In this project we wanted to ricreate the Tilt Shift effect in a couple of simple movie clips filmed in timelapse using Adobe After Effects and Adobe Premiere.
Tilt-shift photography (or “miniature faking”) is a photographic genre that seems to have been gaining popularity in the last few years. Essentially, it’s taking a photograph of a real-world scene and making it look like a miniature scene, such as you’d find in a model railroader’s setup. This effect is also applied to video shots and the effect is the same of photography. Although, the “miniature effect” is not the only effect you can obtain using Tilt Shift.
In this project we wanted to recreate an artificial long sequence, as happened in Birdman, trying to use both physical transition and post production VFX.
The main limit was to use only few instruments. In fact we had:
- Canon 600d
- Lens 50 mm fixed focal length optic
- Shoulder support
We started writing the script of the sequence. We take inspiration by Birdman story, but we have to condense it in few minutes. The main character is an actress that have just finished her performance and moves from the stage to the back of the theatre meeting people and crossing doors. Continue reading
Since the beginning of time, men have tried to transform and project reality in different ways. First, passing from 3D to 2D, and then, doing the inverse procedure. From this concept, the “Camera obscura” was born. This was the first time in which men had started to use projections, particularly for making paintings, and afterwards pictures. Moreover, shadow theater was an ancient form of spectacle that started from 3D objects located between a white screen and a direct light, and then projected on the screen to create a two dimensional product.
First used in the film Blade in 1998 it became famous with Matrix in 1999, the Bullet Time is an effect that show a scene with an extreme transformation of time and space, usually to show a slow motion of a flying proyectile. Actually Bullet Time doesn’t imply the presence of bullets, it’s a particular type of slow motion where the camera moves with an impossibly high speed for a physical camera, it’s also called adrenaline time, focus time, frozen time and time slice. This video show how to recreate the famous scene of Matrix where Neo avoids bullets by moving at a superhuman speed.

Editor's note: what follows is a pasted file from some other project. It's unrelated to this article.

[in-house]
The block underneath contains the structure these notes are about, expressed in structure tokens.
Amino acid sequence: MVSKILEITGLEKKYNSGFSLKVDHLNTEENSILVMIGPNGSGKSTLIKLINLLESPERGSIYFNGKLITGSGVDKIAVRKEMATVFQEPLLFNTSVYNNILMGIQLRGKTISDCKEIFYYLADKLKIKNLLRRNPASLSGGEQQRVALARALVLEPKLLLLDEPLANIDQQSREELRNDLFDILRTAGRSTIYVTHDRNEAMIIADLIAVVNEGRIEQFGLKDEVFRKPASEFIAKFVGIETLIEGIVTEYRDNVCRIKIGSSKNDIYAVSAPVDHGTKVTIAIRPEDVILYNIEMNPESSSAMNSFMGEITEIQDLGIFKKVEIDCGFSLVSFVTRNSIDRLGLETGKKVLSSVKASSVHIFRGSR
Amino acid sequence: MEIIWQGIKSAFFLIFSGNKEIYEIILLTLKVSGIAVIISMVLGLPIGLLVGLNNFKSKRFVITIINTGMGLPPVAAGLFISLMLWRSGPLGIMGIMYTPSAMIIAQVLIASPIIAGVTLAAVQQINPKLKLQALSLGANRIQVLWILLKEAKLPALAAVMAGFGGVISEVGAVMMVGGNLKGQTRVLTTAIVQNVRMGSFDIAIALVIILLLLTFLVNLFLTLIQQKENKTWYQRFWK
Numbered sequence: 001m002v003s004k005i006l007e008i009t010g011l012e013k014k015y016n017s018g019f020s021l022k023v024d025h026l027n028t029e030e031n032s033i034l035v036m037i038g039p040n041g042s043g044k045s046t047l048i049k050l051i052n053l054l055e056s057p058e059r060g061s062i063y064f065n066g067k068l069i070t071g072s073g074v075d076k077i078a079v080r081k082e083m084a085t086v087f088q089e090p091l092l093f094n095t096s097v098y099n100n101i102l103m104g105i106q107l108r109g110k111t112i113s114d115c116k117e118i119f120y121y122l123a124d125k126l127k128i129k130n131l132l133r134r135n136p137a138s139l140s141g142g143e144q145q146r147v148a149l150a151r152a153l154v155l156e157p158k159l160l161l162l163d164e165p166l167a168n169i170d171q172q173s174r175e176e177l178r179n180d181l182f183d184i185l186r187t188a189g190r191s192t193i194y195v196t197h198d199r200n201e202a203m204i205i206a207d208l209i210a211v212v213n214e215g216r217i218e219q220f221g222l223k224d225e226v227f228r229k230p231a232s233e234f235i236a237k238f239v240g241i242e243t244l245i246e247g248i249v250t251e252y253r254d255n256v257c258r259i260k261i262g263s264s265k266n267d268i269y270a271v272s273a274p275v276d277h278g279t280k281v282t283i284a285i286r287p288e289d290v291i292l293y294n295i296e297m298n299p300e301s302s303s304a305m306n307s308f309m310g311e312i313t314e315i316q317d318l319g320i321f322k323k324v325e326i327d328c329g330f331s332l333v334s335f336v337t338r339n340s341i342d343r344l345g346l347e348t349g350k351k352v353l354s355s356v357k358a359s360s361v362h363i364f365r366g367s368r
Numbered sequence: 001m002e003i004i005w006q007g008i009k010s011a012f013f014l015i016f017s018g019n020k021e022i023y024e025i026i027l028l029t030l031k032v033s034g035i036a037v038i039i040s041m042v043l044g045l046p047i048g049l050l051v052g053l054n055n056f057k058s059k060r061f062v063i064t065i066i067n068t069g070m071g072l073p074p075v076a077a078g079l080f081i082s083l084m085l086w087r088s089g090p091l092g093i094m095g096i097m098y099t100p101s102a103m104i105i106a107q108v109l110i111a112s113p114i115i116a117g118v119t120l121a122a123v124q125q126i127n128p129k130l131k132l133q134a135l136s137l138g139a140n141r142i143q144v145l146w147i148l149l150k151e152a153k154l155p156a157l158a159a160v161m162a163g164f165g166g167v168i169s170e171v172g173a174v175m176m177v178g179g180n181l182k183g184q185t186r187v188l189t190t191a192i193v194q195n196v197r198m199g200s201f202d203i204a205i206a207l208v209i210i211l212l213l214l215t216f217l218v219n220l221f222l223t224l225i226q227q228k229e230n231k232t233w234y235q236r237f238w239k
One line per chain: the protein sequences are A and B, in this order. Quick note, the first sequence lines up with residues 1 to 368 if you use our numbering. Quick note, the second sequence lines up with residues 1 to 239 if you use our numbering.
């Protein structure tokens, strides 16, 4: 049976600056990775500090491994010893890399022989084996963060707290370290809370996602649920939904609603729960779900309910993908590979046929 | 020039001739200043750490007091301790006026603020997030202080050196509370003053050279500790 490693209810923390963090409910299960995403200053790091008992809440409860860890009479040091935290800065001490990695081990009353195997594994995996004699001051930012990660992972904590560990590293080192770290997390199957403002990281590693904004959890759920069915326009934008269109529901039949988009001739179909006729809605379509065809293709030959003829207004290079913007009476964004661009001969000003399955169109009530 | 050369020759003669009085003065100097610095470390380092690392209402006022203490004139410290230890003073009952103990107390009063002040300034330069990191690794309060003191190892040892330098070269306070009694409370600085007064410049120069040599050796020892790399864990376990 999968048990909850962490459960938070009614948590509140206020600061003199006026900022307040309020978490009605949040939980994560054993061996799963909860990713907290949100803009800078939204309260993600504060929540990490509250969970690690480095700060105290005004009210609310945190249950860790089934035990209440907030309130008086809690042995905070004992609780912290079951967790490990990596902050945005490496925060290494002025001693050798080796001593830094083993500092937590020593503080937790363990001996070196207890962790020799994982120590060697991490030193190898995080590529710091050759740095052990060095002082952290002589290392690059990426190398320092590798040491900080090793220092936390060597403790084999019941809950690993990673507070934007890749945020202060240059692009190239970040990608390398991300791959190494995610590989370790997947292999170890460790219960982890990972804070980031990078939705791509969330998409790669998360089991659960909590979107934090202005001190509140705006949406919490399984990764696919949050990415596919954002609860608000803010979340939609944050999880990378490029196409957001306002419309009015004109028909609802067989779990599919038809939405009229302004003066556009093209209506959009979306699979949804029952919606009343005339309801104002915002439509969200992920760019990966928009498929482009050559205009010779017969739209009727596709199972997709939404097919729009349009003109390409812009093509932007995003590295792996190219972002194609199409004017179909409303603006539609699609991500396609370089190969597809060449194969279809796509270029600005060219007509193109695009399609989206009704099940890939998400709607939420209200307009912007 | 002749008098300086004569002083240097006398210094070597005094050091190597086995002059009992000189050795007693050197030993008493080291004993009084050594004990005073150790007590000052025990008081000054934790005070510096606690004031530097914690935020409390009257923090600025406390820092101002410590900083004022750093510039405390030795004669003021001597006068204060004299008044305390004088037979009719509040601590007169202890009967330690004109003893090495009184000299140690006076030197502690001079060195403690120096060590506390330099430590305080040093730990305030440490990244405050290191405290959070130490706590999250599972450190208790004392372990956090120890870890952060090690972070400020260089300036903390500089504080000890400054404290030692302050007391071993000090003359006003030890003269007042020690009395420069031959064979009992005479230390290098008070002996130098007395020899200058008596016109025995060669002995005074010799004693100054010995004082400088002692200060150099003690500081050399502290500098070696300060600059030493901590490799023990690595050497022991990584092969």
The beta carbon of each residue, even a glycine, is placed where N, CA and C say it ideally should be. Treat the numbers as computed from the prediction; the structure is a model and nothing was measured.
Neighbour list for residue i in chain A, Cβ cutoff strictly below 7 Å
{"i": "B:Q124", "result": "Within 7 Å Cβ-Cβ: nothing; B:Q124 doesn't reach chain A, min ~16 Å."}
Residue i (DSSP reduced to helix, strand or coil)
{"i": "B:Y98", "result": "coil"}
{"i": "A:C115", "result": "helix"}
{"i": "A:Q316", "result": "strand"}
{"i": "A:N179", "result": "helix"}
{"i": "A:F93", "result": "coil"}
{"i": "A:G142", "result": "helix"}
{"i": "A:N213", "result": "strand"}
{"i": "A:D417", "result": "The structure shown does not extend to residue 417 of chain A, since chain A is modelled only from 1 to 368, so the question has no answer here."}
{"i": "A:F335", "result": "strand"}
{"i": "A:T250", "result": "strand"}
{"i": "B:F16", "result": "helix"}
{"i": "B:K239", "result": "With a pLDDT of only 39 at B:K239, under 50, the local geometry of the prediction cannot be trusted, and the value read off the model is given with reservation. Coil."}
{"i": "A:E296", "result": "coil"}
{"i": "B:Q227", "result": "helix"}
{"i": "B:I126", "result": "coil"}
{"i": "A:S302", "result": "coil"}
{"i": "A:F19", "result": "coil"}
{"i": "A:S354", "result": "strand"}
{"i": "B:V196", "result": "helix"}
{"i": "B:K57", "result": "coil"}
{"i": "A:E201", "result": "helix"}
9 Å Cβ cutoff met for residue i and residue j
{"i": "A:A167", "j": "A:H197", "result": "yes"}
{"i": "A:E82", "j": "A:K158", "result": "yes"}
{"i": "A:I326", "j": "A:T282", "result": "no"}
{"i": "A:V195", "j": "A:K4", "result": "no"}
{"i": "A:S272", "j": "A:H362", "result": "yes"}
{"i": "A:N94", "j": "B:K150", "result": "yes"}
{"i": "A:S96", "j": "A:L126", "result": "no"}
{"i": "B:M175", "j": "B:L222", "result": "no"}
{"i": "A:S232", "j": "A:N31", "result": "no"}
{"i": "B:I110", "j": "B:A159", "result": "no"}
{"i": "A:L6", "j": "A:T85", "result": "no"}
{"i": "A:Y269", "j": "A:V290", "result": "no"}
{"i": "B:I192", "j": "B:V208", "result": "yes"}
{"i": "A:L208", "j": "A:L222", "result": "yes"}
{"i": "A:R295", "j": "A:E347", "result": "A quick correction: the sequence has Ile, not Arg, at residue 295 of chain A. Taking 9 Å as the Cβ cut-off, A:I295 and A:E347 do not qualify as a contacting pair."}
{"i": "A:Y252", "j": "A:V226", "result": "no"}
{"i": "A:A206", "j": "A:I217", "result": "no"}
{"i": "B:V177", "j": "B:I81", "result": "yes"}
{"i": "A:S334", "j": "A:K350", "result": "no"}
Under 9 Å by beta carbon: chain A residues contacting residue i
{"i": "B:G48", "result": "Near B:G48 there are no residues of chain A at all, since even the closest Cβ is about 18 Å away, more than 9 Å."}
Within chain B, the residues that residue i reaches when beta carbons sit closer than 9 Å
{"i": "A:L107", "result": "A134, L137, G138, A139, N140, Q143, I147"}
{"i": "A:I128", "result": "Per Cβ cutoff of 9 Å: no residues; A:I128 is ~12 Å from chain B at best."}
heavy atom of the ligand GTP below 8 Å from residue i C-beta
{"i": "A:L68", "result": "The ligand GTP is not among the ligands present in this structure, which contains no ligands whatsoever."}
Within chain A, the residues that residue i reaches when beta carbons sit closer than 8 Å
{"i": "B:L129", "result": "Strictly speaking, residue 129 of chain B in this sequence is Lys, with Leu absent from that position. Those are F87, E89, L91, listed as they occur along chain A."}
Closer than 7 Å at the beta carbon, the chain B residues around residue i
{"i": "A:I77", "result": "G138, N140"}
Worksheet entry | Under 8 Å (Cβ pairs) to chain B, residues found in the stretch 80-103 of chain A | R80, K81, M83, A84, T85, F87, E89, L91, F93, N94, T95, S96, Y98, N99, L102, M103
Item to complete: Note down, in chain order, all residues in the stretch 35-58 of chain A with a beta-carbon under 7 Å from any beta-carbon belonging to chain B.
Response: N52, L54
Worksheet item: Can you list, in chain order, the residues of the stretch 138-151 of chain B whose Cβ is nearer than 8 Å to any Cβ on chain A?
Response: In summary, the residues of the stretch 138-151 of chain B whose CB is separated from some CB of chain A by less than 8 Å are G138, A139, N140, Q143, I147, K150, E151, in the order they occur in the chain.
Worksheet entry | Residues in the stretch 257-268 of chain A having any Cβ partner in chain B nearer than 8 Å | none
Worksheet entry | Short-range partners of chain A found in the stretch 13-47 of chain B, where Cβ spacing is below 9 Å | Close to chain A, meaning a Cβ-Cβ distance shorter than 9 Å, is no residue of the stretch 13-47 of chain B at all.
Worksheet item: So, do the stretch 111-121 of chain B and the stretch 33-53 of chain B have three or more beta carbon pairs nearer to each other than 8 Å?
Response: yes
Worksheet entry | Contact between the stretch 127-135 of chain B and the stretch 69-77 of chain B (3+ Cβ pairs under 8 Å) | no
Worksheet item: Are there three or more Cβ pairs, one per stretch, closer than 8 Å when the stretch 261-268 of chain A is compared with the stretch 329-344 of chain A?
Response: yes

Motion graphics are a way to do commercial advertising that is spreading more and more nowadays. We like to think of motion graphics as a new kind of digital art with its own world, rules and artists. In the last ten years this little world has grown up also thanks to more powerful hardwares and new softwares or plugins and it is revolutionizing the commercial advertising. So we decided to examine in depth the motion graphics enviroment interviewing a studio that is just turned into a company, but that began its path as a start-up making motion graphics videos. Its name is Illo (http://illo.tv/).
Through symbolic movies this short documentary illustrates the evolution of the techniques used for the realization of invisibility effect in the cinema from 1933 to today.
Written by: Simonetta Brignolo, Federica Gucciardi, Marco Truffa Giachet, Debora Pilati, Serena Zerbinati.
Tell us about your educational background, where your interest in the world of special effects has began?
After high school, I enrolled at university, first year part-time, because in the meanwhile I was working and the following years full-time. I attended the Graphic and Virtual Project bachelor degree at Polytechnic University of Turin. There, I became interested in 3D. During the last year I followed a course at Virtual Multimedia Park in Turin, where I realized my first Showreel, which allowed me to find a job at Rumblefish in Milan. There I worked for 6/7 months